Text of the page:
For every $1 spent on OTCs, the healthcare system saves up to $7

WASHINGTON — For every dollar spent on over-the-counter medicines, the U.S. healthcare system realizes a savings of between $6 and $7, or $102 billion all told, the Consumer Healthcare Products Association announced Tuesday with the release of this new study, "The Value of OTC Medicine to the United States."

"This study is the first of its kind to assign a dollar value that captures how our entire healthcare system relies on OTC medicines for affordable healthcare," stated Scott Melville, CHPA president and CEO. "When you consider that every dollar spent on an OTC medicine saves our system $6 to $7 in avoided cost, it is paramount that our policy-makers do all they can to encourage consumer access to OTC medicines for self-treatable conditions."

Melville added that the study findings underscore the importance of reversing a provision in the 2010 Affordable Care Act that prohibits consumers from using their flexible spending arrangements to purchase OTC medicines without first getting a prescription. At the time this provision was enacted Jan. 1, 2011, an estimated 19 million working American families purchased OTC medicines.

According to the study, an estimated 240 million people rely on OTC medicines for symptomatic relief of the seven most common self-treatable conditions. The study evaluated how consumers would treat these seven conditions if they did not have access to OTC medicines. The total value equates to the total direct savings from avoided clinical visits and diagnostic testing ($77 billion) and use of less costly OTC medicines, rather than more costly prescriptions ($25 billion).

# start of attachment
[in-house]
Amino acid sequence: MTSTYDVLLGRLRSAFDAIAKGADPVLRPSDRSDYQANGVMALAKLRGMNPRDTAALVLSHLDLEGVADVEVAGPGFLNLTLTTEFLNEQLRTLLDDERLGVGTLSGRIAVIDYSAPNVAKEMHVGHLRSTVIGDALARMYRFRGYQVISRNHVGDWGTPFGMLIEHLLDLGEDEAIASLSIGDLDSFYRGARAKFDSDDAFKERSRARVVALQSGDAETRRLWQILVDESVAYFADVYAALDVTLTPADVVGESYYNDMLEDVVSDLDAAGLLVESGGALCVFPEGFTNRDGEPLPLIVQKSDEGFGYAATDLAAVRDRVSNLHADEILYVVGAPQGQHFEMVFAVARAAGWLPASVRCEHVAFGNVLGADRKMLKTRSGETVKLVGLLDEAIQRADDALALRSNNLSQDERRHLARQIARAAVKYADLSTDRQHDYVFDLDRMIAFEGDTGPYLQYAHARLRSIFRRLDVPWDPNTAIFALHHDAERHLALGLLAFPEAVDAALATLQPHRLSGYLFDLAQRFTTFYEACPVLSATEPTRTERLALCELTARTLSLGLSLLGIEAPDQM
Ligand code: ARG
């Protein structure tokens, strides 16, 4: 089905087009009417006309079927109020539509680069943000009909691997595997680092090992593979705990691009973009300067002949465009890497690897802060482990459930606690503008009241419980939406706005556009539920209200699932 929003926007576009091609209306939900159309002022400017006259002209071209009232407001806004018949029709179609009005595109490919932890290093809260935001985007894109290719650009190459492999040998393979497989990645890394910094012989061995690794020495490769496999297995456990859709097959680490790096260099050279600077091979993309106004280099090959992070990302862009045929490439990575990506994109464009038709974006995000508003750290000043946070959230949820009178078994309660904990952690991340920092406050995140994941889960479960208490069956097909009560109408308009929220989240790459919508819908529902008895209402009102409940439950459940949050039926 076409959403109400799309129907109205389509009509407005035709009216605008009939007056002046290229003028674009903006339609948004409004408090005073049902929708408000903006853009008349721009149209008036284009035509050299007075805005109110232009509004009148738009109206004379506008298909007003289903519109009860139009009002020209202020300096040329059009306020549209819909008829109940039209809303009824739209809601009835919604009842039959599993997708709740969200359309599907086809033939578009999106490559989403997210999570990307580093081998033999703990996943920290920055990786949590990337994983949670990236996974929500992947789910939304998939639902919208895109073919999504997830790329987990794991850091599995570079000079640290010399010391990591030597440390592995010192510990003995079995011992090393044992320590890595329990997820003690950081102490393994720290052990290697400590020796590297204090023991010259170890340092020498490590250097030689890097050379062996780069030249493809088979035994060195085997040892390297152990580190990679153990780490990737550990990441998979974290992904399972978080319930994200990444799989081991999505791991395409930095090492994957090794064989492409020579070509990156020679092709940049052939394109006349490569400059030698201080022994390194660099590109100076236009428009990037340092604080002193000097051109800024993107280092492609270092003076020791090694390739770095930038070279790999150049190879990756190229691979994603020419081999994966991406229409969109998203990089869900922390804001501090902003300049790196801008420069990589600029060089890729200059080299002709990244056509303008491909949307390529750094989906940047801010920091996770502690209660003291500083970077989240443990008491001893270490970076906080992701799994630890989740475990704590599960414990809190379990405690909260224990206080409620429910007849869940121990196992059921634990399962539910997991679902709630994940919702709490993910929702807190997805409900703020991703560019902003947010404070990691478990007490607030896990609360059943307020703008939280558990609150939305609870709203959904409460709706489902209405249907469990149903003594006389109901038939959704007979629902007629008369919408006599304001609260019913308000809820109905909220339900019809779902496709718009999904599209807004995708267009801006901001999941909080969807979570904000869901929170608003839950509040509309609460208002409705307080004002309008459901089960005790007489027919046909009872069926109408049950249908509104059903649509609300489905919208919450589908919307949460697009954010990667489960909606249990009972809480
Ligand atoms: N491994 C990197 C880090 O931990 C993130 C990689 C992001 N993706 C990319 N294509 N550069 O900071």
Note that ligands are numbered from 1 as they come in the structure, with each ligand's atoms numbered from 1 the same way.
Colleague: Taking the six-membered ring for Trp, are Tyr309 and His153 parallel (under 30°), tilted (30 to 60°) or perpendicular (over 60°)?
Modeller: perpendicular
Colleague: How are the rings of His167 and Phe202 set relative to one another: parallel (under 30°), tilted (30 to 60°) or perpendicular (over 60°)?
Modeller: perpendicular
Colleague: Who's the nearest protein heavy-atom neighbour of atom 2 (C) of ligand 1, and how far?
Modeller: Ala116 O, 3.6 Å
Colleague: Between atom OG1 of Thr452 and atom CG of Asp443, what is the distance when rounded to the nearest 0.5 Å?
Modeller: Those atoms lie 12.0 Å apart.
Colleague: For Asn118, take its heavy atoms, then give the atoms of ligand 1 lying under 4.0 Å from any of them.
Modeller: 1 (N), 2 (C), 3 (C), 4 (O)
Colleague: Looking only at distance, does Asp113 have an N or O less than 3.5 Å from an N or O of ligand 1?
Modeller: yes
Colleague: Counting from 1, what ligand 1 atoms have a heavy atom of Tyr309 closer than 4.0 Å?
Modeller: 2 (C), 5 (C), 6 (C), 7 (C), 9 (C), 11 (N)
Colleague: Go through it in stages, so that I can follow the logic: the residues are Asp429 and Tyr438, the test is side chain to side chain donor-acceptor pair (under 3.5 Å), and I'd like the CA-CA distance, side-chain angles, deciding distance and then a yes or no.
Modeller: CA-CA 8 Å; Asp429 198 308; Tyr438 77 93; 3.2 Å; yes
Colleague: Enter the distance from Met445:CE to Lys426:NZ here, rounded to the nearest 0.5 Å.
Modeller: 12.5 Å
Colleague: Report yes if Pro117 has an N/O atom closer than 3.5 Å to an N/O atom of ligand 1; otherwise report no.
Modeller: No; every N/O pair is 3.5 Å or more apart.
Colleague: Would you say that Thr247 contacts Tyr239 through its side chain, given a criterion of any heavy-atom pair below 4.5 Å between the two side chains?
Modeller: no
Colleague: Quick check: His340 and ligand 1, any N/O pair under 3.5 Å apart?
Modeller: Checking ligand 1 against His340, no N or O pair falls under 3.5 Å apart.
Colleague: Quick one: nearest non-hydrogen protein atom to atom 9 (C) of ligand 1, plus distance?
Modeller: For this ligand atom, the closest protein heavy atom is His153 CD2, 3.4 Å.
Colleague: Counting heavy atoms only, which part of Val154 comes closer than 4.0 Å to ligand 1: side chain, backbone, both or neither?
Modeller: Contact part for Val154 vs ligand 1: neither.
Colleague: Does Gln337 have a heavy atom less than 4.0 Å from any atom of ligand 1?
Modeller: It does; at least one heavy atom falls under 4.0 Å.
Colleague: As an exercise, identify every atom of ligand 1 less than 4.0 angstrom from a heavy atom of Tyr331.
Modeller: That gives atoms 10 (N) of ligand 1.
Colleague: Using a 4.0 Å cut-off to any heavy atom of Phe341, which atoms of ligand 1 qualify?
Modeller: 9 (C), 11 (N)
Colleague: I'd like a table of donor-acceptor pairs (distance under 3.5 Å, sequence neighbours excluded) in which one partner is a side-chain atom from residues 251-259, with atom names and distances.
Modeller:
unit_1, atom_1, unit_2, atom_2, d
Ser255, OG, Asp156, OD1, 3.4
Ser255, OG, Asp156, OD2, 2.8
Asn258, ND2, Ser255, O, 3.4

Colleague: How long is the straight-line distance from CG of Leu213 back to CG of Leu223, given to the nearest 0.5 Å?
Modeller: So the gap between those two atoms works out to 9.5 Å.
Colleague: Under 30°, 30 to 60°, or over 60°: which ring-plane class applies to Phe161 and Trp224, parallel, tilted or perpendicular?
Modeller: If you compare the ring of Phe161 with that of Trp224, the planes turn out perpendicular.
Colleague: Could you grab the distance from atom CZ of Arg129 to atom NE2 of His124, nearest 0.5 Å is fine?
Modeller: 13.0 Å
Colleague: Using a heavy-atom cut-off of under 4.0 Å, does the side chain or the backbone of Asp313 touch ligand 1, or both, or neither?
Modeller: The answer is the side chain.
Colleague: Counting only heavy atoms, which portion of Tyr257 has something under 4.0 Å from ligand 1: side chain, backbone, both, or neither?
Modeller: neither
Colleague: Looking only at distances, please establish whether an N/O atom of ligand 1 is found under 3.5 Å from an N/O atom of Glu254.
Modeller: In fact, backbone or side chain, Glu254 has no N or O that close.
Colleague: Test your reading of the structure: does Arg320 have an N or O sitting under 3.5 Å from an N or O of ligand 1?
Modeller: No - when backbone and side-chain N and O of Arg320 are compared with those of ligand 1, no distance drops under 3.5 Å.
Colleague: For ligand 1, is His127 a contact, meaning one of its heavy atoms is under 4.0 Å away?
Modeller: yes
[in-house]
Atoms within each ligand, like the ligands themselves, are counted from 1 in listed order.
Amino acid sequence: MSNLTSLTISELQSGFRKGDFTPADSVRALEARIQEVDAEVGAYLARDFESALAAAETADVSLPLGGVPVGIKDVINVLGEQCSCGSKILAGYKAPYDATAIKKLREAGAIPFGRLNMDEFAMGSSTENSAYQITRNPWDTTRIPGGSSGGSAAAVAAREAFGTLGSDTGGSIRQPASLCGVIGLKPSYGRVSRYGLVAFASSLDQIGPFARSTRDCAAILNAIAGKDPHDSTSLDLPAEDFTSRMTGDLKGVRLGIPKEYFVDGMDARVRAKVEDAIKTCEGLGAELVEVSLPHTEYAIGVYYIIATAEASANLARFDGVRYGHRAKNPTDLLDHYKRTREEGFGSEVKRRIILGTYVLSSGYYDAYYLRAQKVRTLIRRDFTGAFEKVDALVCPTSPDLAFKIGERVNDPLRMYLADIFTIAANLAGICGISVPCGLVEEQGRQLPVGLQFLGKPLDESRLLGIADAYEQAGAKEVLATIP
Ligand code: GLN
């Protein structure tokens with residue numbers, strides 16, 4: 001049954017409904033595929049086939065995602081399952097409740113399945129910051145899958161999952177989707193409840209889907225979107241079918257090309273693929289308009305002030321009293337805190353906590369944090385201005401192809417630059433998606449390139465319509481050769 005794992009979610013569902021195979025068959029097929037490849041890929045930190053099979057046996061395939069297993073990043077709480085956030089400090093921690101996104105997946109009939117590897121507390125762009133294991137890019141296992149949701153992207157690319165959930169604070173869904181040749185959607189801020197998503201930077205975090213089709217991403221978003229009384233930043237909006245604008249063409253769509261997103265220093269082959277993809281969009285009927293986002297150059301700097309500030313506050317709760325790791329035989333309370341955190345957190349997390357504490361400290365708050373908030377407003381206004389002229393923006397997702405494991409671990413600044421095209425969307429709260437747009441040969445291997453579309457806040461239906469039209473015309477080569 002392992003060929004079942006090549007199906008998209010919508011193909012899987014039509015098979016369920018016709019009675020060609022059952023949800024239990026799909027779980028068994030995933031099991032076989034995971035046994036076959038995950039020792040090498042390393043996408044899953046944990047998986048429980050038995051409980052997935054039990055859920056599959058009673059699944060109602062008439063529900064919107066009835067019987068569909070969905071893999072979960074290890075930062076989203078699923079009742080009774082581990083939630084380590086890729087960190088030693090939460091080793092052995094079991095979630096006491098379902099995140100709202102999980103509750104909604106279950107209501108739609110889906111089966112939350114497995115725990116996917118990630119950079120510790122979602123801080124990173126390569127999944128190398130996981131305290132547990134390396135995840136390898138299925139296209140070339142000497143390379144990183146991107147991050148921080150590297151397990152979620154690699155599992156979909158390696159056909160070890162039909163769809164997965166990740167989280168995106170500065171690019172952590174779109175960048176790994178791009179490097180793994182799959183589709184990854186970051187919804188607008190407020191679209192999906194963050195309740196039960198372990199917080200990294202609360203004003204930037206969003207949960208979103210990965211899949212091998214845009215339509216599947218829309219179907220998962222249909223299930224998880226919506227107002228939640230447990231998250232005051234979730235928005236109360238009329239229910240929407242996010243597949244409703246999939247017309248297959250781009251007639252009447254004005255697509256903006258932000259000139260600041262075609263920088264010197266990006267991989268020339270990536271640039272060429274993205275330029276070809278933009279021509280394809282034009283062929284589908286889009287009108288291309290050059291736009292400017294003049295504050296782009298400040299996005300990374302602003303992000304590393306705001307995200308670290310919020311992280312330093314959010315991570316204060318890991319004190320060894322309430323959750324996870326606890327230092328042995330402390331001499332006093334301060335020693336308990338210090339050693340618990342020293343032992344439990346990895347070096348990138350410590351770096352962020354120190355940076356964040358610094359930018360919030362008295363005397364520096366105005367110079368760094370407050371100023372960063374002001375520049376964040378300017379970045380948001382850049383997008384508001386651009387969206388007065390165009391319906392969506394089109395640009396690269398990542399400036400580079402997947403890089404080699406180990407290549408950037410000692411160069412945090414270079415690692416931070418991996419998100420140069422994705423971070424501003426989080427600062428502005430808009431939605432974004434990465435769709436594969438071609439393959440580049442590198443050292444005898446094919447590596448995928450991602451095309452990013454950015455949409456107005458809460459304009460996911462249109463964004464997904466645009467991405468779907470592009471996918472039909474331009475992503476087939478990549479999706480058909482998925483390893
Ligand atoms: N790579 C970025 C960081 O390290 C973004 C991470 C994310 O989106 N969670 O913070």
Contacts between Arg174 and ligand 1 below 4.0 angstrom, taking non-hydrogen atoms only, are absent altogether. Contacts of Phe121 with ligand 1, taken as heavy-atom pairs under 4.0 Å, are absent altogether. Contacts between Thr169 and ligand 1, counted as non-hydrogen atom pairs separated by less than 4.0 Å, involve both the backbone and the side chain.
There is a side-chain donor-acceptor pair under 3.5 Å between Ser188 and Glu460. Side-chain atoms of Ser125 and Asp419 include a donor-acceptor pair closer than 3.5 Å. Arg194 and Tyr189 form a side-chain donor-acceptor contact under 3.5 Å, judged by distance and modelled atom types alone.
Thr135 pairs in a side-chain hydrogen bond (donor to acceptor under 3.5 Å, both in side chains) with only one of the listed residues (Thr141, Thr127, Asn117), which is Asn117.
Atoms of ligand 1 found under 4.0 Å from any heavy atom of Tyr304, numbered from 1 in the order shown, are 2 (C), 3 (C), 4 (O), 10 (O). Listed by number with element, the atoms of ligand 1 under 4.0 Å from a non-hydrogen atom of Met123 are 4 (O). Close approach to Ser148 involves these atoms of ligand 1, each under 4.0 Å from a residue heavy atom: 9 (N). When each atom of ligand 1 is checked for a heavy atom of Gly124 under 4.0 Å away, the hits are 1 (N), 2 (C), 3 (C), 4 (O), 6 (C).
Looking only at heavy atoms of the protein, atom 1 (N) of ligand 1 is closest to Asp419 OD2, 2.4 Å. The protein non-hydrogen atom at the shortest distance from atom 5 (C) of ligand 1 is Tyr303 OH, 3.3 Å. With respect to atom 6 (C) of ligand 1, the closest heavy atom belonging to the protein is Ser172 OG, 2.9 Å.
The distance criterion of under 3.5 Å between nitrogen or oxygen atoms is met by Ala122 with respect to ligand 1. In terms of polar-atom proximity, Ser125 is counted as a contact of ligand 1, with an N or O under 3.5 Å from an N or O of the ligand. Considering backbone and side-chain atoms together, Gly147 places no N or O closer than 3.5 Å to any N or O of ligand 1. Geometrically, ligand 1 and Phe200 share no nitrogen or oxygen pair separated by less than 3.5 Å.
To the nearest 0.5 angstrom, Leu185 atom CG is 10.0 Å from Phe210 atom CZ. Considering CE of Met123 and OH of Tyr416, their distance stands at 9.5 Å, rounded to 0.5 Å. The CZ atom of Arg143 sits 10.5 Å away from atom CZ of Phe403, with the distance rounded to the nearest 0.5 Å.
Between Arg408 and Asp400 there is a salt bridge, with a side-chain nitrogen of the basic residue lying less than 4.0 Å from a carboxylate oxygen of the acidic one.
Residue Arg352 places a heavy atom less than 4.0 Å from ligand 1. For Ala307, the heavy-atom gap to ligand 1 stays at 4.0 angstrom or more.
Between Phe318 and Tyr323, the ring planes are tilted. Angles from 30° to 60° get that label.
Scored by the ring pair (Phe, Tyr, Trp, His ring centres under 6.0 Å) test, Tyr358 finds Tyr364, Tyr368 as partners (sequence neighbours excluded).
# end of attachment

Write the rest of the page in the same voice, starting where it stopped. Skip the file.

The study also found that by keeping the American workforce healthy and at work, OTC medicines offer $23 billion in potential additional productivity benefits from avoided doctor's office visits and time not having to be away from work for medical appointments. Americans would make an additional 450 million doctor visits annually, which equates to 56,000 medical practitioners working full time, if they did not have access to OTC medicines and instead saw a physician to get a prescription.

"Over-the-counter medicines are people's first line of defense. It's their home health care; it's what they turn to in order to take care of themselves and their families," said Jane Delgado, president and CEO of the National Alliance for Hispanic Health. "The availability of safe and effective OTC medicines empowers patients to take a more active role in their personal healthcare management. Access to safe and affordable OTC medicines is key to accomplishing that goal."

Booz & Co. surveyed 3,200 consumers for the study, which is the first to measure the aggregate cost savings of OTC medicines as used for those seven most common self-treatable conditions in the United States, CHPA noted. 

For the full study, click here.


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